A study conducted to understand maternal mortality in women with obesity revealed that the risk of maternal death increases with body mass index (BMI), according to results published in the International Journal of Obesity.
The analysis included 364 cases of maternal deaths and 14,681 controls from a representative sample of parturients. Pre-pregnancy BMI was defined as underweight (BMI /m2), normal weight (BMI 18.5-24.9 kg/m2), overweight (BMI 25-29.9 kg/m2), class 1 obesity (BMI 30-34.9 kg/m2), and class 2-3 obesity (BMI ≥35 kg/m2).
The results show that compared with women with normal BMI, the adjusted odds ratio (OR) of death for underweight women was 0.75; for overweight women was 1.65; for women with class 1 obesity was 2.22; and for those with class 2-3 obesity it was 3.40. Analysis by cause showed significant excess risk of maternal death due to cardiovascular diseases, venous thromboembolism, hypertensive complications, and stroke in women with obesity.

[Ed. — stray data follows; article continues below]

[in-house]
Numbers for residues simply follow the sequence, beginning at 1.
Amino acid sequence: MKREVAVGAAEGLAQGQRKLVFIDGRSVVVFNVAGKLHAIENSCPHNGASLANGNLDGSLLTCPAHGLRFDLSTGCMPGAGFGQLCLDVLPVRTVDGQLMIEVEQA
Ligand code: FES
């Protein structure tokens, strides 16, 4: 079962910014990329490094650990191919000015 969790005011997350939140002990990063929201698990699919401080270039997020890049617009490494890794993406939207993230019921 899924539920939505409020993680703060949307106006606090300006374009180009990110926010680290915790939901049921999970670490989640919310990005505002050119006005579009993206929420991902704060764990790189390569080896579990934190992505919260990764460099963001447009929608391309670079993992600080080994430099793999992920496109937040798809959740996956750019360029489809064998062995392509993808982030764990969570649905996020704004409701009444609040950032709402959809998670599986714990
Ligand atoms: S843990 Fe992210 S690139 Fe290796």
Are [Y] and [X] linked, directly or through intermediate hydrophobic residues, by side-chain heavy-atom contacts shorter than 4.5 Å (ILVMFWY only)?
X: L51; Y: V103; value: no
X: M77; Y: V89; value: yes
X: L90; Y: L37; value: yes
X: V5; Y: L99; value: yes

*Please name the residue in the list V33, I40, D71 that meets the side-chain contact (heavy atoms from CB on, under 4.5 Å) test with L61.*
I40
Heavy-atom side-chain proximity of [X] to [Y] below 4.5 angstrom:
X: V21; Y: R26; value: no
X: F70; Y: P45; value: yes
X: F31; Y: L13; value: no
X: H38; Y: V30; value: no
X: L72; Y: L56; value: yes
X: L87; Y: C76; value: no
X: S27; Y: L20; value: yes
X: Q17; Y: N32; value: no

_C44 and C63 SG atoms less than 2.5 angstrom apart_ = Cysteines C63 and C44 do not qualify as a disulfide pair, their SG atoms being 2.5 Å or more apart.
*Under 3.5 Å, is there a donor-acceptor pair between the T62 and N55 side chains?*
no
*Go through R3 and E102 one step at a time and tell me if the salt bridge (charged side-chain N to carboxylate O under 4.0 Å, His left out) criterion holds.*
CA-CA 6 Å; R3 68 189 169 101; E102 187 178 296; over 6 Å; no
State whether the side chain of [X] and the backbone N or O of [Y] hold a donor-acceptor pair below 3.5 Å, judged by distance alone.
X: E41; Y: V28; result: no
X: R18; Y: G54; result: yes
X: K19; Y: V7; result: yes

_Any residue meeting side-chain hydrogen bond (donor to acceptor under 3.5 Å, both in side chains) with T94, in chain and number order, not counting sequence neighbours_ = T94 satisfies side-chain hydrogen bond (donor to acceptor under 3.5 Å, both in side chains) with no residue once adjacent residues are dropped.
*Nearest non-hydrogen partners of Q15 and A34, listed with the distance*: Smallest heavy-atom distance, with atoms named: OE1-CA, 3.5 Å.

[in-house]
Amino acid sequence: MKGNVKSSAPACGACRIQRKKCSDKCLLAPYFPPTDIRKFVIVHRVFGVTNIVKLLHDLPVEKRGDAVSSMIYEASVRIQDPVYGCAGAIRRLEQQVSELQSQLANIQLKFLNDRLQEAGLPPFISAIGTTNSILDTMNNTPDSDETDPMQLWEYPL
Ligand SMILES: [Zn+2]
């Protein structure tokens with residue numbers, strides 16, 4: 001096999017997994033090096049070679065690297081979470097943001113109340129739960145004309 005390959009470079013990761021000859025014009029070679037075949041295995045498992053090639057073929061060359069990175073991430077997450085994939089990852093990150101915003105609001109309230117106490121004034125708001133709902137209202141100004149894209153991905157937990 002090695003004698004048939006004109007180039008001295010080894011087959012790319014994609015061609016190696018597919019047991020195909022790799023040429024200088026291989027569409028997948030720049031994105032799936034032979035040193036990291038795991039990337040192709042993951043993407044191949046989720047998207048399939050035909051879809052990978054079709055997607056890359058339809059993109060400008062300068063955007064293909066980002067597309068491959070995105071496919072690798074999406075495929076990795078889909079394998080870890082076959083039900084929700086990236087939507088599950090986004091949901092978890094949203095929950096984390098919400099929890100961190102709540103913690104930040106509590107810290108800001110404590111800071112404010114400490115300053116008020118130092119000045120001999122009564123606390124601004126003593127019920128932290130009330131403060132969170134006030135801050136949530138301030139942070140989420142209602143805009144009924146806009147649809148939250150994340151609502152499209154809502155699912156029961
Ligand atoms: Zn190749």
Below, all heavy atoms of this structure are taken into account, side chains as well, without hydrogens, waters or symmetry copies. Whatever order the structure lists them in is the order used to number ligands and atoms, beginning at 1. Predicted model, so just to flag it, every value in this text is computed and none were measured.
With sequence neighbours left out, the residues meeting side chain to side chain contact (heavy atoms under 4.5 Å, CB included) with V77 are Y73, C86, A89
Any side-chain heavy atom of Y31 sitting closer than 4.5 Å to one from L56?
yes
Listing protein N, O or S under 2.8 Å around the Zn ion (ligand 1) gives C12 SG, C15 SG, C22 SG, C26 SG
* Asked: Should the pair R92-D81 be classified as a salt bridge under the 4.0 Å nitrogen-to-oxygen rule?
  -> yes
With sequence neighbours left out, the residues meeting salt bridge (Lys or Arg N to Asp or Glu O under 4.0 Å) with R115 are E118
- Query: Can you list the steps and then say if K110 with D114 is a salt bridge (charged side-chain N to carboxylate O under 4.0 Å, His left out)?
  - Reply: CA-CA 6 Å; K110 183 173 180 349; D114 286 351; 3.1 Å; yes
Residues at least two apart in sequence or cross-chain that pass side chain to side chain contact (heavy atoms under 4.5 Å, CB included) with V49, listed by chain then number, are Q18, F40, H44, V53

These findings revealed that the risk of maternal death was multiplied by 1.6 in overweight women and more than tripled in pregnant women with severe obesity. Training clinicians in the specificities of care for pregnant women with obesity could improve their outcomes, the authors conclude.